Tuesday, March 18, 2014

Fair Trade for Bolga

Fair Trade is an interesting concept. Although we understand its general meaning, it remains a challenging task to come up with a viable definition. For example, you could say that Fair Trade is a process which wishes to bring around positive economic change by implementing favourable working conditions and fair prices. Nevertheless the particulars surrounding ‘favourable’, ‘positive’ and ‘’fair’ are subject to mass interpretation. Such dilemmas have become natural to the fifth TradeAID Integrated cohort who has been working hard to establish a Fair Trade Town campaign for Bolgatanga.

 Perhaps the main surprise in our research was the diversity of Fair Trade organisations. As part of a much larger extensive structural web of Fair Trade, the Fair Trade Town Organisation (FTT) aims to acknowledge good practice of Fair Trade by awarding applicable communities recognition as Fair Trade Towns. Now standing at over 1424 Fair Trade Towns worldwide, the movement has made great progress during its 13 years in existence!

Given that Bolgatanga is known for its good business practice, vibrant talented craft sector and popular community spirit we thought that engaging with FFT would be an amazing opportunity to help build Bolgatanga the economic success it deserves. In particular, we believed that Fair Trade Town status would increase networking opportunities, foster community consensus and expand awareness. In the long term these benefits would also contribute towards TradeAID’s ultimate objective of empowering the poor and eradicating poverty through economic means.

FFT’s expansion into the global South is a relatively new concept; there currently only being three Fair Trade Towns in the developing world! Subsequently we were happy to learn about the flexible and emerging process regarding recognition. Typically, Fair Trade Town status is monitored by national bodies, status being declared once communities have surveyed and implemented a series of five Fair Trade goals. In the case of Bolgatanga however, we were surprised to learn that we could create our own goals and effectively self-declare recognition. This would nevertheless be subject to ratification from a newly formed local committee and the movement’s international coordinating body, the international steering committee. If Bolgatanga’s campaign is successful it could also be potentially used as a model for future Fair Trade Towns in the developing world!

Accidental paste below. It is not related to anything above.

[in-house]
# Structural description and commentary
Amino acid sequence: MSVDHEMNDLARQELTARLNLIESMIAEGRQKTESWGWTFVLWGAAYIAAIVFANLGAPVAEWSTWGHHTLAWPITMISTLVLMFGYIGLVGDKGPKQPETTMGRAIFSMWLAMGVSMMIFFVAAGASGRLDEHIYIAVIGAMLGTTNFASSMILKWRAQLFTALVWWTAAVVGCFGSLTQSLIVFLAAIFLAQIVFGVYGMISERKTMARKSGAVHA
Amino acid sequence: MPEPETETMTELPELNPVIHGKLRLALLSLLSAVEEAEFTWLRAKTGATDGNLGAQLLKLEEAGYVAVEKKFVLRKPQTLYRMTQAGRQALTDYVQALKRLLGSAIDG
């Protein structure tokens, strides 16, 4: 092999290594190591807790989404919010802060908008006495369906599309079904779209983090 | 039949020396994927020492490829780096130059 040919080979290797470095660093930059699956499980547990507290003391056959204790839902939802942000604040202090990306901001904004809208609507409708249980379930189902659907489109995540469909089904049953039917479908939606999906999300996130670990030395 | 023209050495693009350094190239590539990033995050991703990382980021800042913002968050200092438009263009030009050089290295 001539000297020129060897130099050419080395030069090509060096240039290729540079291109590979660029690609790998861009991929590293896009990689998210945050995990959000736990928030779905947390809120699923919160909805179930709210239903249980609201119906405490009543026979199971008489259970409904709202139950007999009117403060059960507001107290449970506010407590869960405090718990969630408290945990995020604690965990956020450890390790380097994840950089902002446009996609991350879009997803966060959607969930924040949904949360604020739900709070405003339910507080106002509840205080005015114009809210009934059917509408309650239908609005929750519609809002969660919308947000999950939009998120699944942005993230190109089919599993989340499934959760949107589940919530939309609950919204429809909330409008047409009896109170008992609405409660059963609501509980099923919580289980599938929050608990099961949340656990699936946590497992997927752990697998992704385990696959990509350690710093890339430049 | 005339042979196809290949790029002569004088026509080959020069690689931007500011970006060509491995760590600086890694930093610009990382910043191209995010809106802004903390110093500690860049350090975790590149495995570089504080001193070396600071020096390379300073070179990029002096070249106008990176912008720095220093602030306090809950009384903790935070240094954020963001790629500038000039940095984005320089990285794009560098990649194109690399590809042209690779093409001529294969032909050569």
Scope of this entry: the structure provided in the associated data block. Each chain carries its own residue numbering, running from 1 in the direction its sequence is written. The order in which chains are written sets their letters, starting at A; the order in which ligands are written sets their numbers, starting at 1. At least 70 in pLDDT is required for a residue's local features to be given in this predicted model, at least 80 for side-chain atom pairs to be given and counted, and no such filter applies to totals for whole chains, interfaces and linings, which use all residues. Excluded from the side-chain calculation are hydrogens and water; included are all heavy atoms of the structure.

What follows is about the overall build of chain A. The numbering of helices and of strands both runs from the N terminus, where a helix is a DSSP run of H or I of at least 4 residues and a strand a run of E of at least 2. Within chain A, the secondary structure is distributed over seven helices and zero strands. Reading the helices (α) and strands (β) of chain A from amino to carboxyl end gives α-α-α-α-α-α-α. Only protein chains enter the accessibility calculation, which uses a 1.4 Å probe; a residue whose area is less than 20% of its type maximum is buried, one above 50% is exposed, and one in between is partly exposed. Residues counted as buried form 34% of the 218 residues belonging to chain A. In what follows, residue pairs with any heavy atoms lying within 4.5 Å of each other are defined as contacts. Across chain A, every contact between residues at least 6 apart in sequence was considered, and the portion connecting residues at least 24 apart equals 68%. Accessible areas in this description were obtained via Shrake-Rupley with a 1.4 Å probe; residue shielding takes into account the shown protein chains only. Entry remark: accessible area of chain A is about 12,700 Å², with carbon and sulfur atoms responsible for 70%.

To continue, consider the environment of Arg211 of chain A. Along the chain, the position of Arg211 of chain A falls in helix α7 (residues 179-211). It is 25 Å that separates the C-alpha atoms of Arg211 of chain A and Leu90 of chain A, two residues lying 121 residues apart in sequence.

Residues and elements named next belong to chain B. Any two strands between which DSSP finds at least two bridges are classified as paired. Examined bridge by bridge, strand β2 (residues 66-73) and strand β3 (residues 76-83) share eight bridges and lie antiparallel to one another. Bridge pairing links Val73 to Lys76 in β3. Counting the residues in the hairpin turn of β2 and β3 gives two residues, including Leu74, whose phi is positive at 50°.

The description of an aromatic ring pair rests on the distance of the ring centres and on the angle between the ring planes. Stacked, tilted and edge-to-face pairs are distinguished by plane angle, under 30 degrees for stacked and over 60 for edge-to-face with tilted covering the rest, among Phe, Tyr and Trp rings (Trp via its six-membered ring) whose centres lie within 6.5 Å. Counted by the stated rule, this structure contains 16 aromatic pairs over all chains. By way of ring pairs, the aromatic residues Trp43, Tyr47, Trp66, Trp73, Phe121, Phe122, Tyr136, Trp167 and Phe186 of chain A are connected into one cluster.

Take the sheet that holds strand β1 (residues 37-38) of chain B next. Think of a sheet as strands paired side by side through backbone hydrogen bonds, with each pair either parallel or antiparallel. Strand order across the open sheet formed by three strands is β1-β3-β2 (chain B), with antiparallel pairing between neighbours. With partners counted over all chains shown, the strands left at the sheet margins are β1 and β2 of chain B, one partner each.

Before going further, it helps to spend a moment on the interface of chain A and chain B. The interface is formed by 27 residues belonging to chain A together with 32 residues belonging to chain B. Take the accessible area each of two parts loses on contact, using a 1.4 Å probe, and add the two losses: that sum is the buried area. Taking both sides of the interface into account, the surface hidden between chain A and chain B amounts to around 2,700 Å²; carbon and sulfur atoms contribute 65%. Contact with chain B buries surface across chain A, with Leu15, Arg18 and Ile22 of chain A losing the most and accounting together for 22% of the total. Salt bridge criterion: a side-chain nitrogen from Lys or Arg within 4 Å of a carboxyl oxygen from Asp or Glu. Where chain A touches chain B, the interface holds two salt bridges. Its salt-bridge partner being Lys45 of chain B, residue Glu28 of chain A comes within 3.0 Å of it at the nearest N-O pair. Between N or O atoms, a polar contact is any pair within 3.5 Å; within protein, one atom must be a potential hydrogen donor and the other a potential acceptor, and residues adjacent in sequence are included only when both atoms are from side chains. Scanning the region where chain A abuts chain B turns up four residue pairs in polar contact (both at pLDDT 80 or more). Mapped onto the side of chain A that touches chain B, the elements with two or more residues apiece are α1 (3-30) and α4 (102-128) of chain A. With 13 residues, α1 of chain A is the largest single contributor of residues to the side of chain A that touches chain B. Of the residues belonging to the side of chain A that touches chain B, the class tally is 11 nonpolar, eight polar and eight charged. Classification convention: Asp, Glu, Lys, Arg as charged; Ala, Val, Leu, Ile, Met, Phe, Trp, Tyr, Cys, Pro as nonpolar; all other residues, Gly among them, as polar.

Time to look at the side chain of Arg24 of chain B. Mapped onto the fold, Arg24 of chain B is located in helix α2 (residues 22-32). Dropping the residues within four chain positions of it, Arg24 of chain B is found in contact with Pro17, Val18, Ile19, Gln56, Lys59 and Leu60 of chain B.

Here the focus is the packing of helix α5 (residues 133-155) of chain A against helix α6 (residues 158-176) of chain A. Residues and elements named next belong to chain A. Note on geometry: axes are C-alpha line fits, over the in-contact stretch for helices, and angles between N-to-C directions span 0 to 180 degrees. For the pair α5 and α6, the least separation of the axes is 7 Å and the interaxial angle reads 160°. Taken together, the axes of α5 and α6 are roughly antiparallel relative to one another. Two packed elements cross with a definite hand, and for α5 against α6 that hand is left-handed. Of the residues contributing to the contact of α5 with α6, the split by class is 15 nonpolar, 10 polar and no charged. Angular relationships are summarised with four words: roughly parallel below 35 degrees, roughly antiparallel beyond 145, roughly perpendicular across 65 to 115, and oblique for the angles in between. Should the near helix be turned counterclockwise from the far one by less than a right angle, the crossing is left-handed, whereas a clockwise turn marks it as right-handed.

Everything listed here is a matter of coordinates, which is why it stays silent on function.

After conducting research into Bolgatanga’s specific economic situation, examining goals from other Fair Trade Towns in the developing world, consulting the local community and integrating TradeAID’s related projects, we drafted a series of five goals for the campaign. They are as follows:

·         Establish a Partnership Agreement with a UK Fair Trade Town
·         A Resident Cooperative Exists that Sells into the Fair Trade Market  
·         Fair Trade is Promoted Throughout Community Organisations
·         An Annual Event is held to promote local business and Fair Trade at Regional, 
           National and International Levels
·         A Steering Committee is set up to Coordinate Fair Trade Status, Monitor            
           Implementation and Promote Future Events

We have been making progress on all five of the goals. Specifically we believed that in light of FTT’s grassroots and bottom up approach, it was important to involve the community with the campaign as soon as possible. Consequently we set the fifth goal of establishing a steering committee as a priority. This involved organising a series of meetings with prominent business leaders, local politicians and local community representatives, who were also invited to join the committee. Perhaps the most important event we arranged was an introductory meeting to establish the committee which included an information session and presentation on Fair Trade. It was really good to see our efforts formulate in a more practical manner and convey our campaign to the public.

Now that responsibility is beginning to be handed over to the community, it will be really interesting to see its development and impact on the community. Fair Trade will be an important cornerstone of future TradeAID projects and as an International Service volunteer, it has been a pleasure setting the foundations. On a more personal note, after educating myself about the movement I have come to understand the importance and significance of Fair Trade and will strive to incorporate it into my daily life back home.  

Your Bloggers today were: Alastair and Emily

1 comment:

  1. very nice am from Ghana and live in Accra and will be glad to join this